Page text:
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Physical Activity Accumulated Across Adulthood and Resting Heart Rate at Age 41–46 Years in Women: Findings From the Menarche to Premenopause Study

Gregore I. Mielke, Jenny Doust, Hsiu-Wen Chan, and Gita D. Mishra

Objective: To investigate the association between physical activity accumulated from early (age 22–27 y) to mid (age 40–45 y) adulthood and resting heart rate at age 41–46 years in women. Methods: Data were from 479 participants in the 1973–1978 cohort of the Australian Longitudinal Study on Women’s Health. Participants reported physical activity every 3 years from age 22–27 years to 40–45 years. Linear regression models were used to investigate the associations of a cumulative physical activity score (average physical activity across 18 y; up to 7 surveys) and changes in physical activity from age 22–33 years to 34–45 years with resting heart rate at age 41–46 years. Results: Average resting heart rate at age 41–46 years was 75 (SD: 11) beats per minute. An inverse nonlinear dose–response association between cumulative physical activity and resting heart rate was observed. Overall, accumulation of physical activity was associated with lower resting heart rate regardless of the age when physical activity was accumulated. Women in the highest tertile of physical activity at both age 22–33 years and 34–45 years had a resting heart rate, on average, 8 beats per minute lower (95% confidence interval, −11.42 to −4.69) than those consistently in the lowest tertile of physical activity. Conclusion: Accumulating physical activity, irrespective of timing, appears to provide cardiovascular health benefits for women before the transition to menopause.

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Accelerometry Measured Movement Behaviors in Middle-Aged and Older Adults: Cross-Sectional Analysis of the ELSA-Brasil Study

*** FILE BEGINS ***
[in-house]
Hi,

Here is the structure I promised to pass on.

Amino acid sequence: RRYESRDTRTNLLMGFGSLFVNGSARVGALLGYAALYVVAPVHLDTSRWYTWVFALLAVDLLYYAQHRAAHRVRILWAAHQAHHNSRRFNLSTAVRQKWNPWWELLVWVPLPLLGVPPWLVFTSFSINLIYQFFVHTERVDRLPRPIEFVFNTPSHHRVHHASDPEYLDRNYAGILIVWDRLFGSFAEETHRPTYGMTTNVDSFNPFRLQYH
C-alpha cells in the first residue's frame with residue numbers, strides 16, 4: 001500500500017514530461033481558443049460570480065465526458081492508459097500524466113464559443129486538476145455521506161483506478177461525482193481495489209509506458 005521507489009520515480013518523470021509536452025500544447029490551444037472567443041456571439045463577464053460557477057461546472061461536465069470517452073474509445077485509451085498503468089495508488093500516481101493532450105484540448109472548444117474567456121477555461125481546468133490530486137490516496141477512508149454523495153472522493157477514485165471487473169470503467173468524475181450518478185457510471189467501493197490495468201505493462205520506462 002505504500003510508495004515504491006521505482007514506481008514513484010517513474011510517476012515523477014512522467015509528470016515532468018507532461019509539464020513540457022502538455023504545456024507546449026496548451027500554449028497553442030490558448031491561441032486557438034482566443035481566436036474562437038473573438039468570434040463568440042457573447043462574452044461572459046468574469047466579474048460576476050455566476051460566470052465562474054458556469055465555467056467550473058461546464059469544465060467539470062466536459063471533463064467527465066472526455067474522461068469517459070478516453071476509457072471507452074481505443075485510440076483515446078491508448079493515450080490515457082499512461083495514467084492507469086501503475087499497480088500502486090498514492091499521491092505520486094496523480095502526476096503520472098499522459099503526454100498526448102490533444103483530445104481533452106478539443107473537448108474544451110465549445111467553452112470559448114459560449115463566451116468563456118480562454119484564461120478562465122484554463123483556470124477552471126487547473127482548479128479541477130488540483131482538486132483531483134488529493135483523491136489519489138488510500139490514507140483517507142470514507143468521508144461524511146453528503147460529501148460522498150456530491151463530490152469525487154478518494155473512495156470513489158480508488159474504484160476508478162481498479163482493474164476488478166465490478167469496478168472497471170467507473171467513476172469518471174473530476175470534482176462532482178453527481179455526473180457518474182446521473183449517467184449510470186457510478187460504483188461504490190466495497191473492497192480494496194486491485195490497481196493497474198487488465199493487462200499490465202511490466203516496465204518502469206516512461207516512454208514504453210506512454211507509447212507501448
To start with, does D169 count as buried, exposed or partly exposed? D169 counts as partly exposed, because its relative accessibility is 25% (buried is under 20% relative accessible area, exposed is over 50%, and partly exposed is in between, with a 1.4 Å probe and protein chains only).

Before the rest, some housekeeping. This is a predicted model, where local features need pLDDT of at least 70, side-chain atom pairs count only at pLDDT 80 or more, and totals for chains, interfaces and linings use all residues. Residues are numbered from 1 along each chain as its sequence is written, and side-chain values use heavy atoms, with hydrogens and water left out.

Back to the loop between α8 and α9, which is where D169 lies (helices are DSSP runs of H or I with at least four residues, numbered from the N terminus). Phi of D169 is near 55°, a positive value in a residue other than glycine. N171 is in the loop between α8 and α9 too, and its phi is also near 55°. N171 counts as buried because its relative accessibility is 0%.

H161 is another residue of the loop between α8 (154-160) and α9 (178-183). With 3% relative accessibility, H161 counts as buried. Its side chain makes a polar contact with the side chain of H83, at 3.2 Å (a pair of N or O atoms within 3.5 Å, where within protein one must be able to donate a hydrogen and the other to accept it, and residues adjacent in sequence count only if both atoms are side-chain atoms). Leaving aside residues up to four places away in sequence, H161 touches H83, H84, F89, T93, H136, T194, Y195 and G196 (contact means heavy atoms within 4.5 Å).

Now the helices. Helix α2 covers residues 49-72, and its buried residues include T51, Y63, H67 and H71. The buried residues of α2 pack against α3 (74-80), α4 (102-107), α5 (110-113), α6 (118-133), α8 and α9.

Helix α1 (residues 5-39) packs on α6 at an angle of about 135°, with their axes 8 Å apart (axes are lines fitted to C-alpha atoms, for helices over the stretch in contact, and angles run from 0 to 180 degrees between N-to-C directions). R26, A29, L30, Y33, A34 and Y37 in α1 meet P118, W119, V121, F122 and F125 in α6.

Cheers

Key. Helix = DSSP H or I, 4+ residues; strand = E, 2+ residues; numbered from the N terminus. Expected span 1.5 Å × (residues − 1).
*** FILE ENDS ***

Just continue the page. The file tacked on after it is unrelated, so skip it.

Danilo de Paula, Inácio Crochemore-Silva, Rosane Harter Griep, Bruce Bartholow Duncan, and Maria Inês Schmidt

Background: Little investigation of accelerometry assessed movement behaviors and physical inactivity was carried out in middle-aged and older adults in low-middle-income countries. Objective: Describe accelerometry-measured movement behaviors and prevalence of physical inactivity in middle-aged and older adults. Methods: We collected raw accelerometry data during the third visit (2017–2019) of ELSA-Brasil, a large-scale multicenter Brazilian cohort. Participants wore an ActiGraph wGT3X-BT on the waist for 24 hours for 7 days and documented sleep in a diary. Results: Nine thousand two hundred and seventy-nine participants had valid data (73.4% of the eligible cohort). Overall activity was higher for men (11.82mg; 95% confidence interval [CI], 11.7 to 11.93) than women (10.69mg; 95% CI, 10.6 to 10.77) and lower in older groups—women (−0.12mg/y; 95% CI, −0.13 to −0.11), men (−0.16mg/y; 95% CI, −0.17 to −0.14). Participants were more active from noon to midnight. Distribution of movement behaviors varied with sex and age, and sleep duration was longer in older individuals. Overall, 14.4% (95% CI, 13.7 to 15.1) were inactive, with inactivity being more frequent in women (16.4%; 95% CI, 15.4 to 17.4) than men (12.2%; 95% CI, 11 to 13). Higher rates were observed in the oldest. Retirement was associated with a higher prevalence of physical inactivity in both sexes. Conclusion: Women were less active than men. Older individuals showed a high prevalence of physical inactivity, probably related to transition into retirement. These findings strengthen evidence for public policies promoting physical activity by emphasizing the need to target women, older individuals, and those transitioning to retirement to improve and/or maintain physical activity levels throughout the course of their lives.